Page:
I love Halloween. I know, I know, my besties know that I observe a conservative , no ghosts or goulies lifestyle, but I have always enjoyed the holiday. Perhaps my Scots (with a smattering of Irish we don’t talk about often lol) heritage makes me reluctant to let go of the social event that sets us apart from the other cultures, namely the desire for childish fun and a recognition of the “other” world that people ignore in real time. In Scottish culture children are only supposed to receive treats if they performed for the households they went to. This normally took the form of singing a song or reciting a joke or a funny poem which we memorized before setting out.
Of course I don’t have any digital pics of my childhood shenanigans…like the time my brother and I covered the neighborhood, returned home and changed costumes and went through the neighborhood again. The only suspicious person was the Dentist’s wife…and we only got a toothbrush and a quarter from her. I think she got egged later that evening…that was the rumor.
My most precious memory is of my Paternal grandfather. He reveled in the occasion. Waiting until we had returned from Trick or Treating ..pillowcases in tow, he crept outside the house. As we gleefully counted the spoils, bags of chips in one pile, candy bars in another, molasses candy, homemade fudge, all accounted for, we failed to notice that the living room curtains were still open in the darkened room, now lit only by Jack O’ lanterns ,lovingly carved and filled with fat candles that now casted long shadows. Picture three little heads all engrossed in their tallies, discussing their haul, when suddenly there was a loud tap on the living room window pane. To this day we all agree that the face staring at us through that window was the scariest most horrific person we have ever seen and the screech that went up as we ran for mama, was according to her, a sight to behold.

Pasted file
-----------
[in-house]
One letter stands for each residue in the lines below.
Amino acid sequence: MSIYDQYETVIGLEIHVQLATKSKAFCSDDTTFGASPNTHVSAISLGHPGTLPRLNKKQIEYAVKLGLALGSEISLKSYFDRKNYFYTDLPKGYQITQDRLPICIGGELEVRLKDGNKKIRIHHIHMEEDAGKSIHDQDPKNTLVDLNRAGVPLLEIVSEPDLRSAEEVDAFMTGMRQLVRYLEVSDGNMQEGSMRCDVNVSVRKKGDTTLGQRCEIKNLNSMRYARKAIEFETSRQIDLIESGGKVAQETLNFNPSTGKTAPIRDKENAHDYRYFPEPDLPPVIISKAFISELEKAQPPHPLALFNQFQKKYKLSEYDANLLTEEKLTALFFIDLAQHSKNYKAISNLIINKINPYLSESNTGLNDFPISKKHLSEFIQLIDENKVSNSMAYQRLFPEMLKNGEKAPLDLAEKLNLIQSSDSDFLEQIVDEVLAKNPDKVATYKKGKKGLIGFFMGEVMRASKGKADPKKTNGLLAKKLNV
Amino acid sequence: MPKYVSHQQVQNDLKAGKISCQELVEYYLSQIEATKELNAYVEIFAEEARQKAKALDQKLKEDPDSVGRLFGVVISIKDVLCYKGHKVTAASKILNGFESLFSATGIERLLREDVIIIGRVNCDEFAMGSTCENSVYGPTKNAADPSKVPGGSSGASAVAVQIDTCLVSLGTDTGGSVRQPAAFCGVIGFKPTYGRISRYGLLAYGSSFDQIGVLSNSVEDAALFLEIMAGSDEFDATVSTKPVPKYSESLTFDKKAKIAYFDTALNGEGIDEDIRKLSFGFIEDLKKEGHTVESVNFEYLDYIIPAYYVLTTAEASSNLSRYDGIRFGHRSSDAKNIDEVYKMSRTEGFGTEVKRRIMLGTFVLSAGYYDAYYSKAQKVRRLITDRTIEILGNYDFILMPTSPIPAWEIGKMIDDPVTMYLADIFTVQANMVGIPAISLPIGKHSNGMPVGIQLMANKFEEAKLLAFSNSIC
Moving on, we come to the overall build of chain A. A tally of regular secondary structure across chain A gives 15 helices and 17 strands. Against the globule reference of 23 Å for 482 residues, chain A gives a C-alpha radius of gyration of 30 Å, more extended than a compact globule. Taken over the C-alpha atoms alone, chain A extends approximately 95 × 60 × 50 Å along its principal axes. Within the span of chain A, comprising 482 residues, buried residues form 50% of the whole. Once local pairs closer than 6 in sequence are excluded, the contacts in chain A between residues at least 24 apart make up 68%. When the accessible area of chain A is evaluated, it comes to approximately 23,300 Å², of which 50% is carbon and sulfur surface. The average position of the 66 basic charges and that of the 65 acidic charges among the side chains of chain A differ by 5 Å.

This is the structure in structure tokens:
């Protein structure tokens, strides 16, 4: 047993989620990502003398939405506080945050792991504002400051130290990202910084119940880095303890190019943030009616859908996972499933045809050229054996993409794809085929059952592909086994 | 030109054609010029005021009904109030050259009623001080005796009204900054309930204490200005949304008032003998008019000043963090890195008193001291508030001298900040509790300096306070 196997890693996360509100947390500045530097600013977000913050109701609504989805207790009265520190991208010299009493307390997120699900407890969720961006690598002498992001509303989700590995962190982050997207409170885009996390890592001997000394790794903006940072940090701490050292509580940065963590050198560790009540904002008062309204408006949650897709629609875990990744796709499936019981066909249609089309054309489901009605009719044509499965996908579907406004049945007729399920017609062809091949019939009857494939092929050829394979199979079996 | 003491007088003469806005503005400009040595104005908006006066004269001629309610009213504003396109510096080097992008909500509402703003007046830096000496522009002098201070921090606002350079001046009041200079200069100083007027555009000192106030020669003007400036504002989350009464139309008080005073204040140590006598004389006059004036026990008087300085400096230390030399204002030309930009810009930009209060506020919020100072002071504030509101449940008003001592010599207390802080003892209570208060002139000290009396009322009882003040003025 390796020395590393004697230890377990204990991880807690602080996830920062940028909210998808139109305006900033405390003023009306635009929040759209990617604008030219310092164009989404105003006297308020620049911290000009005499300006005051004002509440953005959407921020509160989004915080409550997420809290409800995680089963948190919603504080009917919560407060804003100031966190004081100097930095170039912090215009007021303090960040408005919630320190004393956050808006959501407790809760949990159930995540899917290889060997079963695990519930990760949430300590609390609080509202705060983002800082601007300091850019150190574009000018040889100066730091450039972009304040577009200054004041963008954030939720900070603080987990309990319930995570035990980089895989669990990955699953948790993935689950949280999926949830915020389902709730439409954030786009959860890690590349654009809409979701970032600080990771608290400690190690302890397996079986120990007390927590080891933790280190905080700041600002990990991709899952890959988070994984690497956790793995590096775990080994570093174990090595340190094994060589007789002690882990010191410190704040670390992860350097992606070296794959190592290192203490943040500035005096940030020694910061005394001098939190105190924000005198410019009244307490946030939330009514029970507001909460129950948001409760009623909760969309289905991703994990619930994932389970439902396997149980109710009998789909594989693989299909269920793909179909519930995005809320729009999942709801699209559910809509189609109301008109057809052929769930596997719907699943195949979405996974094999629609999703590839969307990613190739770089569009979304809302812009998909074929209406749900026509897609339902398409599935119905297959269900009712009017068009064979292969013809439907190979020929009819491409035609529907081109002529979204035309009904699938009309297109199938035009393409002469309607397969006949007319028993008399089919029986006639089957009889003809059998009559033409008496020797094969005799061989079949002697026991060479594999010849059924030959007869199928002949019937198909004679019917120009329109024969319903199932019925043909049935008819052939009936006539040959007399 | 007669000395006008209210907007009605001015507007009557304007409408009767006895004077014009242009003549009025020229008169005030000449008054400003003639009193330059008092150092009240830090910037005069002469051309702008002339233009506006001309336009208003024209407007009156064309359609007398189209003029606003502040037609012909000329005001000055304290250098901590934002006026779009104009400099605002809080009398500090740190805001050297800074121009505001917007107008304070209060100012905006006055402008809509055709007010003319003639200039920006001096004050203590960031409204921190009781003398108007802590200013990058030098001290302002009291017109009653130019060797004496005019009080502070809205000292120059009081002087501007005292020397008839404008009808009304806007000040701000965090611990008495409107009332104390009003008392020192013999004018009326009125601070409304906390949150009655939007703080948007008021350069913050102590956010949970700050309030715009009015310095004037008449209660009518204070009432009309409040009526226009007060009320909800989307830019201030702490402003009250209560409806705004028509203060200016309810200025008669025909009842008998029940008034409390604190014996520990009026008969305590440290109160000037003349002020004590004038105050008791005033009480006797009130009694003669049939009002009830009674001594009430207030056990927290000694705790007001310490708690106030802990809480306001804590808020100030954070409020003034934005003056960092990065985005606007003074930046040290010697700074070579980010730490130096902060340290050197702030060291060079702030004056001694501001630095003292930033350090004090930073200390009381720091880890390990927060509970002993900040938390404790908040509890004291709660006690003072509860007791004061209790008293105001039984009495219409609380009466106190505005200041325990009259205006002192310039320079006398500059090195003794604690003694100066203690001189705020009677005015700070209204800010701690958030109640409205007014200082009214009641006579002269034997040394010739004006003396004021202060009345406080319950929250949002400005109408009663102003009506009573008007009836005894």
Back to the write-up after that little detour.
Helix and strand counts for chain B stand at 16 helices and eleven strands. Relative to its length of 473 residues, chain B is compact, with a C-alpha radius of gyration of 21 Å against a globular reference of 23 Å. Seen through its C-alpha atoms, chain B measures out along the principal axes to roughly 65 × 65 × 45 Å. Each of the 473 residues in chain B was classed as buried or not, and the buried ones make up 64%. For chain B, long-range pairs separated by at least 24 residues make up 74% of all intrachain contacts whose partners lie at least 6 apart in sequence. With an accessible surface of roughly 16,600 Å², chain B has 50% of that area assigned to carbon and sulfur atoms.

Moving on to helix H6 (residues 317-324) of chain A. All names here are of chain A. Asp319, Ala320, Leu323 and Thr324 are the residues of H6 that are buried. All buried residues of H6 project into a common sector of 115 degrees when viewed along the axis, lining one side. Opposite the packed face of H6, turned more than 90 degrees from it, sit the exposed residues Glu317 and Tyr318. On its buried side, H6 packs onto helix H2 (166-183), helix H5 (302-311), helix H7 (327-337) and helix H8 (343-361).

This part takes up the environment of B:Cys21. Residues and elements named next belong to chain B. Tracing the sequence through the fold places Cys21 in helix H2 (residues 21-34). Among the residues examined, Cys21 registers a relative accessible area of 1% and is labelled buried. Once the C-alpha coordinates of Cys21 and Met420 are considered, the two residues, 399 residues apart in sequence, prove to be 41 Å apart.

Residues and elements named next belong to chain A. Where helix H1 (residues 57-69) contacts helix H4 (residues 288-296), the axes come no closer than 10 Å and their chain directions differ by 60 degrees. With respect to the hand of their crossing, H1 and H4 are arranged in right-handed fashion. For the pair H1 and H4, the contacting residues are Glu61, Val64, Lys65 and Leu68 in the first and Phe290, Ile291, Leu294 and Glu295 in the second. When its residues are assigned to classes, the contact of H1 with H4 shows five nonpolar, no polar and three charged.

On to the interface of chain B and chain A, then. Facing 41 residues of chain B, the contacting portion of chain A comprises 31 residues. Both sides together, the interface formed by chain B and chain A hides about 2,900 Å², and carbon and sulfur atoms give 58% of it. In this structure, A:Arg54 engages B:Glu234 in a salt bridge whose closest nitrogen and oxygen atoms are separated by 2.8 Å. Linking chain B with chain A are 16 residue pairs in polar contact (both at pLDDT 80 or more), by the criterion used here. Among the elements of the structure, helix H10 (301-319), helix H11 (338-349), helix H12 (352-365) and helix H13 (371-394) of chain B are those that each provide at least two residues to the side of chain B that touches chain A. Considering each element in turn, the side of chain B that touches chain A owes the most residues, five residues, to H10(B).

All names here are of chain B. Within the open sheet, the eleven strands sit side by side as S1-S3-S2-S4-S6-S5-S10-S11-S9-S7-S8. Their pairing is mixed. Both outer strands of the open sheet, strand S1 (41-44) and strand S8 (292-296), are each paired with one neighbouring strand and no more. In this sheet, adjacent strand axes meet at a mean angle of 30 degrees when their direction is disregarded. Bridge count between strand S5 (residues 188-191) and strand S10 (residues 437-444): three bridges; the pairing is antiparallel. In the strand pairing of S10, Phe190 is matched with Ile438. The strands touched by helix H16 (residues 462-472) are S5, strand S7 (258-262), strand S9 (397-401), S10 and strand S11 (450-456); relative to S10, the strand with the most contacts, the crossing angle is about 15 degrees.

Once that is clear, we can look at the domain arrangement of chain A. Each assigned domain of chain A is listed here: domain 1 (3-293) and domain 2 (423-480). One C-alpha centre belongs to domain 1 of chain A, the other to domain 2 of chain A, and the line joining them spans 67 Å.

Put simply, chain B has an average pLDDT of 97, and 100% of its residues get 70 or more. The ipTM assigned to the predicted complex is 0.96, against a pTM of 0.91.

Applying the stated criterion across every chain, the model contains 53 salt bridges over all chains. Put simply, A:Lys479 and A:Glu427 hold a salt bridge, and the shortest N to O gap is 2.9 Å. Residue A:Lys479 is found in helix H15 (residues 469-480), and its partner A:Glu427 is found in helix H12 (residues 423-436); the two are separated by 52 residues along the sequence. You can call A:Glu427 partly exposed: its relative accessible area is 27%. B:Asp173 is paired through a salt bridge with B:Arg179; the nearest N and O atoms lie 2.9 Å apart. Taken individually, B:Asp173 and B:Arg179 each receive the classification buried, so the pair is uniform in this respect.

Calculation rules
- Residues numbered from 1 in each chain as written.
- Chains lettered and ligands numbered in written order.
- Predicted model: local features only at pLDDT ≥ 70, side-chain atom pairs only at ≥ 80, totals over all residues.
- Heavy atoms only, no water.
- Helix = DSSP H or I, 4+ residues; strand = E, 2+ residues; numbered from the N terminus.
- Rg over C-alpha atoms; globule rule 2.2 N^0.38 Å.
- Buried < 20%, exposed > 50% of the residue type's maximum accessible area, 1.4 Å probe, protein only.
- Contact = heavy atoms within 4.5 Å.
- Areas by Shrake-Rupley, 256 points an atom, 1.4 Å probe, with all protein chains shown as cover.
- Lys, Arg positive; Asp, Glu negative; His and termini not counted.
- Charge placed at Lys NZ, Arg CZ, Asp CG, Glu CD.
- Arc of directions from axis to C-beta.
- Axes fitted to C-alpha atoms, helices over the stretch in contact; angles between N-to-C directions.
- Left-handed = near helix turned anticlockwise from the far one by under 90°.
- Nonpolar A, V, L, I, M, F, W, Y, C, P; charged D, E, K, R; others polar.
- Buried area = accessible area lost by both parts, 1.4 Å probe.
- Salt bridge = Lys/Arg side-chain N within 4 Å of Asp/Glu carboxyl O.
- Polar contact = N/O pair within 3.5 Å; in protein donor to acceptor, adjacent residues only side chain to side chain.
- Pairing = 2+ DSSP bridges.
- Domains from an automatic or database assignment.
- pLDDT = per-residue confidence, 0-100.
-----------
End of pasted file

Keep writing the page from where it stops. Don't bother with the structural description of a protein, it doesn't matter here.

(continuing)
Papa had taken Nana’s new mop and had used it as a wig with a hand towel as a scarf. He had taken his false teeth out , (This was a usual request from us, and constant entertainment, which caused fits of giggling when he obliged. Nana was not amused.) He put them in upside down. He then pressed his face against the window, and knocked. Our panic was exactly what he had hoped for, and he came through the door laughing and defending himself with the mop as we tackled him, in relief.
After our heart attacks were over we bobbed apples, and stuffed down warm caramel fudge, made by Papa’s hands. All was bliss. Thus ended a perfect Halloween.
This Halloween I will join my grand children. We have been carving, and planning costumes. Danika will be Dorothy with her ruby slippers, Nevaeh , the wicked witch of the West and I will be the cowardly lion. The outfit is a bit snug for a Nana…I was thinking it may require a bit of bravery to put it on…but what the heck…at least I have a heart 🙂
- The Traditions of Halloween (tvaraj.com)
- Halloween (messyfunnyawkward.wordpress.com)
- Why do we carve pumpkins on Halloween? (judythewriter.wordpress.com)
- Halloween History: 13 Strange Facts On Why We Celebrate Halloween (mirthfulme.wordpress.com)